Russia Had Reasons To Intervene In the Ukraine

In the summer of 1941 Hitler launched Operation Barbarossa, a surprise invasion of the Soviet Union. It was the largest military invasion in history, involving more than three million German soldiers, and eventually included forces from Hitler’s fascist allies Italy, Romania, Hungary, Slovakia, and Croatia.

The Ukrainian Soviet Socialist Republic was one of the first areas conquered by the Germans. The German victory encouraged the Organization of Ukrainian Nationalists (OUN). The OUN had been organized in Western Ukraine in 1929 to protect ethnic Ukrainians and establish an independent Ukrainian state by any means necessary, including the use of violence. It was a fascist organization, but Hitler opposed Ukrainian nationalism so he ruthlessly suppressed them.

Despite this, by the fall of 1943 the OUN had created an effective guerrilla army, called the UPA. It attacked the German occupation forces until the spring of 1944, and then decided the advancing Soviet army was a bigger threat to Ukrainian nationalism and began fighting against the Soviets, with help from the Germans. The UPA continued fighting the Soviets even after the Germans had retreated from Ukraine, and kept on fighting them after the end of World War II. The Soviets weren’t able to completely eliminate the UPA until the mid 1950s.

Congress of Ukrainian Nationalists flags
Congress of Ukrainian Nationalists flags (Wikipedia)

The modern day Congress of Ukrainian Nationalists, a far-right Ukrainian nationalist political party, consider themselves descendants of the OUN, and they use the UPA’s red and black battle flag. The Russians, as you would expect, were disturbed to see this flag being carried by some protestors during the recent political upheaval in Ukraine.

The Russians are also very concerned about Western involvement in Ukraine. The 1941 fascist invasion came from the West, and the Soviet Union suffered at least 26 million dead in World War II, and maybe as many as 40 million. More Soviet soldiers, for example, died during the battle of Stalingrad than were killed in all of the U.S. armed forces during the entire war. Furthermore, even though the Allies sent the Soviets lots of supplies, they failed to open a promised second front in Western Europe until the D-Day invasion of France in the summer of 1944. World War II is called the Great Patriotic War in Russia and every Russian politician since then has promised the Russian people they would never let anything like that happen again.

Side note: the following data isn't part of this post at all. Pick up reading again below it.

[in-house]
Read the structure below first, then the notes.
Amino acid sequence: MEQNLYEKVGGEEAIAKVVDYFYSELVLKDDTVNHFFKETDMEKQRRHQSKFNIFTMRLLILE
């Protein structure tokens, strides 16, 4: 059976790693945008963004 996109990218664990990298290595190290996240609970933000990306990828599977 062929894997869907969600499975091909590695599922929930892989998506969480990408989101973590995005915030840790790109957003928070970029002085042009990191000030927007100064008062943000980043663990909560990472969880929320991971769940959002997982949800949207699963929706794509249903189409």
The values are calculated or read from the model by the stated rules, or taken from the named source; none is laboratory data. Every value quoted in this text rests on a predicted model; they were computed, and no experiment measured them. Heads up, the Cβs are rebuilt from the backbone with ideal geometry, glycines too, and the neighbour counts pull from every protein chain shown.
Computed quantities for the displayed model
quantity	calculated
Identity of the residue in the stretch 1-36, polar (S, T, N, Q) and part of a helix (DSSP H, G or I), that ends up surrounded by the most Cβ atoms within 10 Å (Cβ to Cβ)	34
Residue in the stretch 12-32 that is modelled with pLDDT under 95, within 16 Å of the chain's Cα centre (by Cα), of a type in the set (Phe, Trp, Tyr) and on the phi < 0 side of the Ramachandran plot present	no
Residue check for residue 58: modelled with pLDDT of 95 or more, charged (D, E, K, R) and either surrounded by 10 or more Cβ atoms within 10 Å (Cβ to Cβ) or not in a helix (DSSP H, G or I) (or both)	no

The Crimean peninsula, where Russian forces took over February, was traditionally a Russian area. It only became part of Ukraine in 1954, and most of its residents still speak Russian. The Crimea is also home to a very important Russian naval base in Sevastopol, a port on the Black Sea. Sevastopol was subjected to a siege by the invading Germans and their Romanian allies in World War II. Soviet forces held out heroically for several months before finally surrendering in July of 1942 after suffering enormous casualties. The Russians have a lease allowing their fleet to use Sevastopol until 2042, but it’s easy to see why they’re worried the new Western-oriented Ukrainian government might cancel it.

Considering their national history, it’s difficult to entirely condemn the Russians if all they’re trying to accomplish with their annexation is to protect ethnic Russians and their perceived national defense interests in the Crimean peninsula. But if they invade the rest of Ukraine, that’s a different thing altogether.

Updates

In April, 2014, pro-Russian separatists seized Ukrainian government buildings in the Donetsk and Luhansk regions, often called the Donbass, along the Russian border and proclaimed the Donetsk and Luhansk People’s Republics . War broke out with the Ukraine and the separatists were subsequently provided with military support from Russia, helping them to continue control of areas along the border. Economic sanctions were subsequently imposed by the U.S. and many other nations against Russia for its annexation of Crimea and its support for the Donbass separatists.

On February 11, 2015, a peace treaty called Minsk II was signed that ended most of the fighting between Ukraine and the pro-Russian separatists in the Donbass.

Ukrainian areas under martial law, or occupied or annexed by Russia
Ukrainian areas that were annexed, occupied by Russian separatists, or under martial law as of 11/26/18. (RadioFreeEurope/RadioLiberty)

On November 26, 2018, Russia seized seized 23 Ukrainian sailors and three of their  naval vessels when they tried to pass through the Kerch Strait, which is only about 2 miles wide. The Russians claimed it was a violation of their territory. The Ukrainian government responded by declaring martial law and banning Russian men aged 16-60 from entering the country.

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